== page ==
In a bid to expand in the U.S., Volkswagen ultimately relied on a trick to sell those vehicles as a high-performance, fuel-efficient alternative to gasoline models. By detecting test conditions, the rigged diesel cars artificially lowered emissions during regulatory evaluations, while breaching legal limits on the road.
Calling off the talks with Daimler sparked controversy within Volkswagen's top management at the time. One area of concern was that U.S. emissions limits could prove difficult, if not impossible, to reach without Daimler's BlueTec, according to the people. First prototypes of VW's EA189 engine, the motor at the heart of the diesel scandal, were shown internally to executives during 2006, they said.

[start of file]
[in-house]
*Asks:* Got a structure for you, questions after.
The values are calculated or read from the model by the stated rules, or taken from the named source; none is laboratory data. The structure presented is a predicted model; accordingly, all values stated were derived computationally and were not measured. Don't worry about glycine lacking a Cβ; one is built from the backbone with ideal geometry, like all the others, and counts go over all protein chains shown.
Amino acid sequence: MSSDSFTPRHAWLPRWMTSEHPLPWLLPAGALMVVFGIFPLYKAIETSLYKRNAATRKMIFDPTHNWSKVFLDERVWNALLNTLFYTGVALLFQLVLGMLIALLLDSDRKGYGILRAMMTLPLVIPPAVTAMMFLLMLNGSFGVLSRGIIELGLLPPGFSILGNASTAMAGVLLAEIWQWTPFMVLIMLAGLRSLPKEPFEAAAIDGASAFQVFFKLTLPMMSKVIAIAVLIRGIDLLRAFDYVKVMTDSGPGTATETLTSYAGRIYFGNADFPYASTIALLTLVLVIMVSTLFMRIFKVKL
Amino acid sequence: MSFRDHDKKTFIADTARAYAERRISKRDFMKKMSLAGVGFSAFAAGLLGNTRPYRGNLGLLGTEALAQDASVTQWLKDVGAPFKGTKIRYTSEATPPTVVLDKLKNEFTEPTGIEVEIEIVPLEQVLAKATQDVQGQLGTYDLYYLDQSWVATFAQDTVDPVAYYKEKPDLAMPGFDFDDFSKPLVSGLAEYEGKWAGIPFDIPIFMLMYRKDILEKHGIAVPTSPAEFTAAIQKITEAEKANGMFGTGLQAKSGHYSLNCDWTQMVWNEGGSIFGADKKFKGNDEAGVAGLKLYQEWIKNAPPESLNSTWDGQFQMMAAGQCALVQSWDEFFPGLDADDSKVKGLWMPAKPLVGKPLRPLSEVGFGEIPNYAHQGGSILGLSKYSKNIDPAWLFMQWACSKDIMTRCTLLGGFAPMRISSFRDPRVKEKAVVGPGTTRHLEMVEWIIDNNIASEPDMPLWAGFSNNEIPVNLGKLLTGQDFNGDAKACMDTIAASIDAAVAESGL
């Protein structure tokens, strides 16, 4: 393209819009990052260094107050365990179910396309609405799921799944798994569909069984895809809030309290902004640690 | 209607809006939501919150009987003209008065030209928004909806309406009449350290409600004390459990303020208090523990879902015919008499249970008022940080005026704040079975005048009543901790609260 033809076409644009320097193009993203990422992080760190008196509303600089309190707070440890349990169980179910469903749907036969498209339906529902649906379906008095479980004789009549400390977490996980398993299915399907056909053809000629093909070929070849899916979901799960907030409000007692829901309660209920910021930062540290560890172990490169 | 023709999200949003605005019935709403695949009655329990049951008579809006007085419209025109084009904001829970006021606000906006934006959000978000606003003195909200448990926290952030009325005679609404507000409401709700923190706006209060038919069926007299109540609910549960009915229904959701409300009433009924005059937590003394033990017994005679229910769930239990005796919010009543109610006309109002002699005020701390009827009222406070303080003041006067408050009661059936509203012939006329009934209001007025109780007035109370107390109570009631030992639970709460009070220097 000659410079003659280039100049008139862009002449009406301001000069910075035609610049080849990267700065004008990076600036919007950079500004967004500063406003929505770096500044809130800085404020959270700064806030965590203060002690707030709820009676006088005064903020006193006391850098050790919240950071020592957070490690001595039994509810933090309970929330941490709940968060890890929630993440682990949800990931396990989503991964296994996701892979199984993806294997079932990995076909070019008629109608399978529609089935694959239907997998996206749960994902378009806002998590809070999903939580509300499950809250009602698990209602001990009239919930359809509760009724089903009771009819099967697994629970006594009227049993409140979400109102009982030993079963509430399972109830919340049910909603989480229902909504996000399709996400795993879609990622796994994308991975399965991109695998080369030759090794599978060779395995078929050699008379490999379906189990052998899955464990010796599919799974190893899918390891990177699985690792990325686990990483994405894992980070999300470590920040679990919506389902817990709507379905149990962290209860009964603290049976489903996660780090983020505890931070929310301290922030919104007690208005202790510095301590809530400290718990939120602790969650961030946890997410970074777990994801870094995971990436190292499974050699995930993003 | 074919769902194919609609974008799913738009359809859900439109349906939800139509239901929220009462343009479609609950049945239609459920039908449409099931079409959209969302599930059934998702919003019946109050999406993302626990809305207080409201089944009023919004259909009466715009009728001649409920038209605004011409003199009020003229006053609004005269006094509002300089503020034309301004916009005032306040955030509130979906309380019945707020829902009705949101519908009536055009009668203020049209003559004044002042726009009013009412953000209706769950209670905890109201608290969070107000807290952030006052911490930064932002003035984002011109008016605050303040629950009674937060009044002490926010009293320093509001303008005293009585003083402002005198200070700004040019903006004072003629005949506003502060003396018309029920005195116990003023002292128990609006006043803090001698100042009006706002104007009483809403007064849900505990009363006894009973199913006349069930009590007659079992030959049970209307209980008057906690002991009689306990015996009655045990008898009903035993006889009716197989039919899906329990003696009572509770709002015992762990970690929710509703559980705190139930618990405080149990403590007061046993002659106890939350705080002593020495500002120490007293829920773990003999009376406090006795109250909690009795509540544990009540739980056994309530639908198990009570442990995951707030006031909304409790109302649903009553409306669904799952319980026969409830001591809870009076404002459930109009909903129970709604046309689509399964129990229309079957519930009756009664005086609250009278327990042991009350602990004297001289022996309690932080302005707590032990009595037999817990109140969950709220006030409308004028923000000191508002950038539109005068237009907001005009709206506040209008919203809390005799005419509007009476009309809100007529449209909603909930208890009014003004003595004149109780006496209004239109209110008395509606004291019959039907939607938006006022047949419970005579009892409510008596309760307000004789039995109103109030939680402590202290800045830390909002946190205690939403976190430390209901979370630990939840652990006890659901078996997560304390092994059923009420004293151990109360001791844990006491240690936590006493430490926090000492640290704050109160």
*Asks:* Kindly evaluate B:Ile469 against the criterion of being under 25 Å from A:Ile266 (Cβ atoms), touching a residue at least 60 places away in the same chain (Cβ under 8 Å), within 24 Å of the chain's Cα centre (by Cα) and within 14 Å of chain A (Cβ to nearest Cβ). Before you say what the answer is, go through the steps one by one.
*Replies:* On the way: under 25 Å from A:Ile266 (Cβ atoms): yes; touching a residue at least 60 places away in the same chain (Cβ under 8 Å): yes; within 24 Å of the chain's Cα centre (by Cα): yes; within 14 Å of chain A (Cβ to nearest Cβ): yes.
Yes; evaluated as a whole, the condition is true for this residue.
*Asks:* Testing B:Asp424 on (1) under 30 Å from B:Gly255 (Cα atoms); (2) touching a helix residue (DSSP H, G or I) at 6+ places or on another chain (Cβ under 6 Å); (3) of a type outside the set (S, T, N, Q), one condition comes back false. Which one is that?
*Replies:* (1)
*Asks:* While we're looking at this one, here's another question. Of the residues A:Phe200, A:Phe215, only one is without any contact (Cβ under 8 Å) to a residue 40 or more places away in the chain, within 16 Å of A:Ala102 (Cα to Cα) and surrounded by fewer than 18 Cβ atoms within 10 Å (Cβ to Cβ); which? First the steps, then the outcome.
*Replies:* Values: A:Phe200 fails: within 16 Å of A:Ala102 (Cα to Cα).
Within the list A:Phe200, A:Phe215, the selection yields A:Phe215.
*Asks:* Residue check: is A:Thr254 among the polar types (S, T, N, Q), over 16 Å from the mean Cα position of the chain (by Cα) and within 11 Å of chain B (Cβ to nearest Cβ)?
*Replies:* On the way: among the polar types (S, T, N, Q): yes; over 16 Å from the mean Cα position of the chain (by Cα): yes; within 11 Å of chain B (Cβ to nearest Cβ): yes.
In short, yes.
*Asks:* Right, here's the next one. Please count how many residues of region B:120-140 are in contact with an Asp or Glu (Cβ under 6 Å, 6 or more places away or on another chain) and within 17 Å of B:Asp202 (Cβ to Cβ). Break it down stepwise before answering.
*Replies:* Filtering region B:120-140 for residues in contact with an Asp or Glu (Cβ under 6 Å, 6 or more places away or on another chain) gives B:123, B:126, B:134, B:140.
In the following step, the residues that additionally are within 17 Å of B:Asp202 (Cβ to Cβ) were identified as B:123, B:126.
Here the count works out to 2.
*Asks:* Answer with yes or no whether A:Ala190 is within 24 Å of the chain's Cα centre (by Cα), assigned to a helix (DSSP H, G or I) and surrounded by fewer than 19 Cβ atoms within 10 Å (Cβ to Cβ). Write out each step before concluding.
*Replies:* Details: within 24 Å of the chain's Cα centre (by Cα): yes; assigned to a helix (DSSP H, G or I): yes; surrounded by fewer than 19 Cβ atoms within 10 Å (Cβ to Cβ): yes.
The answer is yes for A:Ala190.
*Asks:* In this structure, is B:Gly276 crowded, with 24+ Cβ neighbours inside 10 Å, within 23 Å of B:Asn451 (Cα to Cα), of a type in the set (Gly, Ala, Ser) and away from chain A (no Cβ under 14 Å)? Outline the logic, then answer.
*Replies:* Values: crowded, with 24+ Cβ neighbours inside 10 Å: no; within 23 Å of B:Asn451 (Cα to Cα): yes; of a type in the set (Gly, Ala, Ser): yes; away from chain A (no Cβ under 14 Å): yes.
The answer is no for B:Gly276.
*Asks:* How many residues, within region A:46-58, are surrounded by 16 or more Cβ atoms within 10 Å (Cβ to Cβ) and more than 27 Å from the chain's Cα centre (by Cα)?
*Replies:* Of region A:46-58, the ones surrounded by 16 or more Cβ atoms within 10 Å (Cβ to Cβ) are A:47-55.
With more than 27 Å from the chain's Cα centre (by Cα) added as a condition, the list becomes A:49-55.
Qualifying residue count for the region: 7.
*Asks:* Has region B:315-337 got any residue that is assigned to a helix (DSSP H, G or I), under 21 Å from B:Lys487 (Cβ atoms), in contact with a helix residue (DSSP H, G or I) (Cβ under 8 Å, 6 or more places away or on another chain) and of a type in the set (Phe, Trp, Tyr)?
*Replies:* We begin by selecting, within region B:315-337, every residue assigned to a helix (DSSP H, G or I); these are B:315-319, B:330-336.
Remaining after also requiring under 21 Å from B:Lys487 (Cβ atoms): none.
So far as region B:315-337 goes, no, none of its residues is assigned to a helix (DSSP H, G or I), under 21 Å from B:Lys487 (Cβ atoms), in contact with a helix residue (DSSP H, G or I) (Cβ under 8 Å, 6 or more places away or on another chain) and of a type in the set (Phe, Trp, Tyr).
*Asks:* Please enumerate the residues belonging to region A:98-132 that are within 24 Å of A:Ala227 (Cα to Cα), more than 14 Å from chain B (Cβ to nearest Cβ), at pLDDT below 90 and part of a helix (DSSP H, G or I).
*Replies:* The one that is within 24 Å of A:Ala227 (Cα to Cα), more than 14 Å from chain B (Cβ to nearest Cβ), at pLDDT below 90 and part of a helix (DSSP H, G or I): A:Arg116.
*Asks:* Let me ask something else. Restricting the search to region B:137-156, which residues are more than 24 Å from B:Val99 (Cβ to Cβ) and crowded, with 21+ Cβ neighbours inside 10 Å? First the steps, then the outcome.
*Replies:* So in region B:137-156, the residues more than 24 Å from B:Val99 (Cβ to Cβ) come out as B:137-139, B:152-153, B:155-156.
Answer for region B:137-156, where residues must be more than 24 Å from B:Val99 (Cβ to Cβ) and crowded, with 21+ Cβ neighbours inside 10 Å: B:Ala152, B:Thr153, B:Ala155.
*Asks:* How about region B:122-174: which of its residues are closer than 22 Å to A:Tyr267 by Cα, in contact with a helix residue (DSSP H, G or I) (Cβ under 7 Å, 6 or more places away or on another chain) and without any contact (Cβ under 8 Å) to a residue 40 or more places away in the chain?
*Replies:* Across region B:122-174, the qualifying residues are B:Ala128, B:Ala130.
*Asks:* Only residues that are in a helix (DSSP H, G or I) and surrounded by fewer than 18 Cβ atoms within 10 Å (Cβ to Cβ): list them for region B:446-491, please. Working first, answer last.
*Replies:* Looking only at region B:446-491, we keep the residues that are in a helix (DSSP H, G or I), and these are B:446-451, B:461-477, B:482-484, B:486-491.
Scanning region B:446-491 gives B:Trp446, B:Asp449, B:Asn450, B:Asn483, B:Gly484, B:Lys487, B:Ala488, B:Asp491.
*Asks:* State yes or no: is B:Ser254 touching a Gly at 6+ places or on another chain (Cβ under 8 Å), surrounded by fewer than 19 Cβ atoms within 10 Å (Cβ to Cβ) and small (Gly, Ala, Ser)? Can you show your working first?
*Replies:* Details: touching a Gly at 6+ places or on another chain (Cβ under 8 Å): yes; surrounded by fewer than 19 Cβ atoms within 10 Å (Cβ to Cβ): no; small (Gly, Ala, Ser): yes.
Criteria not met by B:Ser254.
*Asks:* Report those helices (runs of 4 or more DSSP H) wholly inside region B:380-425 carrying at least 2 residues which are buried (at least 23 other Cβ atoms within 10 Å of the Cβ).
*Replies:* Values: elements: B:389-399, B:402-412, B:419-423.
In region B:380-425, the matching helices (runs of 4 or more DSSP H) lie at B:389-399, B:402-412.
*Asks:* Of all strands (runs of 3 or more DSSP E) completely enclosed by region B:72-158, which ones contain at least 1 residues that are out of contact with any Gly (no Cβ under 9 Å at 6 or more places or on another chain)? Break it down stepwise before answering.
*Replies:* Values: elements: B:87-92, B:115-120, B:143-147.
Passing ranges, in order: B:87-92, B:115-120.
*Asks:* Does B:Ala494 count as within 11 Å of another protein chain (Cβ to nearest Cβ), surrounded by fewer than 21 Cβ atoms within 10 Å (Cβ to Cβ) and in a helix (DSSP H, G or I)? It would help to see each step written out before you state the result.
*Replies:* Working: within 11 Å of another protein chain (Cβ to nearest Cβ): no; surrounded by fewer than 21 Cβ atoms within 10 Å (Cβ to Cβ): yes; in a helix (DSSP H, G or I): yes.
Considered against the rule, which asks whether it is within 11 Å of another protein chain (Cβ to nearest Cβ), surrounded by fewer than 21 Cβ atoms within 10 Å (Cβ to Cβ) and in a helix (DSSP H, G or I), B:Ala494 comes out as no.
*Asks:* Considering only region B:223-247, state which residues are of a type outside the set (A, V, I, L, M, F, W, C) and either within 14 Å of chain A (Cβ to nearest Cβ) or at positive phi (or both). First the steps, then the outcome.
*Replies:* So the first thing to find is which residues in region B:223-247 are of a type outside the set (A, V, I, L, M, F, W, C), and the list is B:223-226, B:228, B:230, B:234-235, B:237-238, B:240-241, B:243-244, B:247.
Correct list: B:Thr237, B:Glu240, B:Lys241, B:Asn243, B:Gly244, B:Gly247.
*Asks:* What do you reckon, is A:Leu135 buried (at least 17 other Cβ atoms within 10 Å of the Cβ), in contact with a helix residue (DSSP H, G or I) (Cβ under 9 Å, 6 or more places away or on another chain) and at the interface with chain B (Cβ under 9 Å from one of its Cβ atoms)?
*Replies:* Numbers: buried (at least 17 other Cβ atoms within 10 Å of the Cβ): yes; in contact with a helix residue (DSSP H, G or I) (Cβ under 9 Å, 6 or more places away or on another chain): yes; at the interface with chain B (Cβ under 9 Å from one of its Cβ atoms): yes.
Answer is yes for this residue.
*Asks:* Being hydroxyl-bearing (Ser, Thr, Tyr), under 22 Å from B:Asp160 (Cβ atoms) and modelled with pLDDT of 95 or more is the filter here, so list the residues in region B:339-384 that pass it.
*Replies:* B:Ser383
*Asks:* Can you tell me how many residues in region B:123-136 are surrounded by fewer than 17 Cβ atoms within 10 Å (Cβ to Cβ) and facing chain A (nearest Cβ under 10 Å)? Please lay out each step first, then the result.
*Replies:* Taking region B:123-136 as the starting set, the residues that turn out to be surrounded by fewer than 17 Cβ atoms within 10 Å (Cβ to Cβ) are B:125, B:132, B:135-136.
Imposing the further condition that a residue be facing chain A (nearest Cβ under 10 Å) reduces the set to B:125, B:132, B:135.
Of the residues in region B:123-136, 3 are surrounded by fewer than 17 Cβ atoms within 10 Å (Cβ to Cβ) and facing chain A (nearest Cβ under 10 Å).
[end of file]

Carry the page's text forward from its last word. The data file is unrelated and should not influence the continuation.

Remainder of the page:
Evidence reviewed by internal auditors and external lawyers points to early 2006 as the time when developers at Volkswagen started working on the illegal software to cheat on emissions tests. While the timing suggests a link, it's unclear whether there is indeed a direct connection between senior executives backing out of the talks with Daimler and the development of Volkswagen's defeat device.
The U.S. Justice Department's Statement of Facts dates the first concrete evidence for the cheating back to May 2006 as part of a project internally dubbed "U.S.'07," referring to the EPA's plan to tighten emissions limits that required manufacturers to fully comply as of model year 2007.